7 Develop digital capabilities
The speed at which new technologies emerge and the increased complexity in selecting, developing and implementing the right digital solutions entail a broad selection of digital capabilities. The war for digital talent is on as few organisations can recruit and scale at the needed pace. No organisation has ever outsourced its way to digital excellence; however, by engaging in partnerships, new strategic capabilities can be enabled faster and, over time, be insourced into the organisation with the aim of having approximately 70-80% of tech talent in-house. Most organisations start out utilising a high number of externals and gradually insource capabilities as they progress and mature on their DX journey.
As organisations tap into different ecosystems, they must also increasingly be able to engage with different partners that complement their capabilities to ignite their digital transformation.
While it is imperative to identify new partners that can complement and bring sought-after capabilities to the table, organisations need to digitally upskill the existing organisation in parallel, hereby leveraging the knowledge and insights of current operations and technologies and gradually applying and building new skills via carefully designed learning journeys enabling the workforce to adapt digitally enabled use cases and proactively identify new areas and use cases for improvement.
8 Lead the transformation
Leadership commitment at the top level is essential to success and requires leaders to have skin in the game by having a relentless focus on managing the change and committing to changes and targets, allocating their most talented resources. Leadership needs to provide an air cover for teams to be explorative and consistently test new digital opportunities aiming to de-risk investments by failing early. This is a major change in most organisations and requires a swift mindset and culture which can only take place with the right leadership commitment and involvement.
Spend as much time reinventing as optimising the existing business model and seek to target a minimum of 15% EBITDA to make the transformational impact substantial and strategic. Applying an approach by focusing on one business unit or function at a time and scaling across when the case is proven rather than starting the journey with an all-or-nothing or end-to-end focus.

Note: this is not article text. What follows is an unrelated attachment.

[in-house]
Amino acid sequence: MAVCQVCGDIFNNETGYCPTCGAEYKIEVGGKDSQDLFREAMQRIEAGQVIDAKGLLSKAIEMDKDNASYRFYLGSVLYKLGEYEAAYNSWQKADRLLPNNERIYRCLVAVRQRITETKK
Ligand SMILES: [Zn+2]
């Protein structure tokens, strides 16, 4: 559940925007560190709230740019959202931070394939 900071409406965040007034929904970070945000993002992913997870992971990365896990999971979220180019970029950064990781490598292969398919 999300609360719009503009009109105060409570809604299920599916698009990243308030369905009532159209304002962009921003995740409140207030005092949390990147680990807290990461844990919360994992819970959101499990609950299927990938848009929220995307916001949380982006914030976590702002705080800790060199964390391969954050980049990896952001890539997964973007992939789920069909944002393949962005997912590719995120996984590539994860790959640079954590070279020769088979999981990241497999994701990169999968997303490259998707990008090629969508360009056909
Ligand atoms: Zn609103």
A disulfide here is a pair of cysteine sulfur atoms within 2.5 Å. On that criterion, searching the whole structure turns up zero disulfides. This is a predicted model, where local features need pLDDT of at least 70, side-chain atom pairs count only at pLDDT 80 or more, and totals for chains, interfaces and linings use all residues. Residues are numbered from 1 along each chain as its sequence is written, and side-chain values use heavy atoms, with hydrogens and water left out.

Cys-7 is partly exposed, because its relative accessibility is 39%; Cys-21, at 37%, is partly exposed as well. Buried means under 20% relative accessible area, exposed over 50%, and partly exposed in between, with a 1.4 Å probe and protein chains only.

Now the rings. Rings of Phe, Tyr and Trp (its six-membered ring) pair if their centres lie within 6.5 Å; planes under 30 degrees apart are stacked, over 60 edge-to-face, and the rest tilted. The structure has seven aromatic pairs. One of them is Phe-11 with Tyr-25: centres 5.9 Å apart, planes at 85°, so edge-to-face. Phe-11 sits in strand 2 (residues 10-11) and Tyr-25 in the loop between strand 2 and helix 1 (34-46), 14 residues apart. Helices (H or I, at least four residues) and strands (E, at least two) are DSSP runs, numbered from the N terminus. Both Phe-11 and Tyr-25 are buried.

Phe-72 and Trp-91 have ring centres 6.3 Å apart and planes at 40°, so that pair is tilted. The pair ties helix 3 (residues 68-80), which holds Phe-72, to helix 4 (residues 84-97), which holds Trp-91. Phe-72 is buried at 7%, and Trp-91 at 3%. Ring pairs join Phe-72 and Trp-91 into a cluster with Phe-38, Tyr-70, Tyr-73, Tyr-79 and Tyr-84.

To ensure that the transformation becomes sustainable rather than a single digital programme, a balanced approach needs applied by a portfolio of digital investments spanning growth and efficiency plays with a mix of quick wins and large strategic initiatives in parallel to new capability development identified as strategic and potentially differentiating in the long term yet still at a fully explorative and hypothesis-based stage and not evaluated via a single business case. Every business must place bets on innovation ventures outside its core if it hopes to achieve sustainable long-term growth. As its existing business model matures and loses the potential for growth, innovation of this kind is critical.
Setting up a structure to track and measure progress by applying a set of digital measures to steer and guide the direction of the digital transformation:
- Value creation, e.g. ROI on digital investments, % of business that is digitally based, level of investments that are sustainable (reinvested).
- Tracking employees becoming increasingly digital, e.g. digital talent recruited, investments in digital workforce development.
- Faster or data-driven decisions, e.g. data utilisation in decisions, decision-making time.
- Digital delivery, e.g. time to market of digital solutions.
Emerging technologies will continue to drive complexity and increased uncertainty, and we are sure to see radical change happen faster and impact more industries than ever before as we are currently witnessing with the generative AI wave. Organisations that dare to be bold and proactively seek to reinvent their business model and digitalise their operations rather than solely repeating the steps of competitors will succeed in the long run. Every organisation is now a digital organisation and must play to win in the digital arena.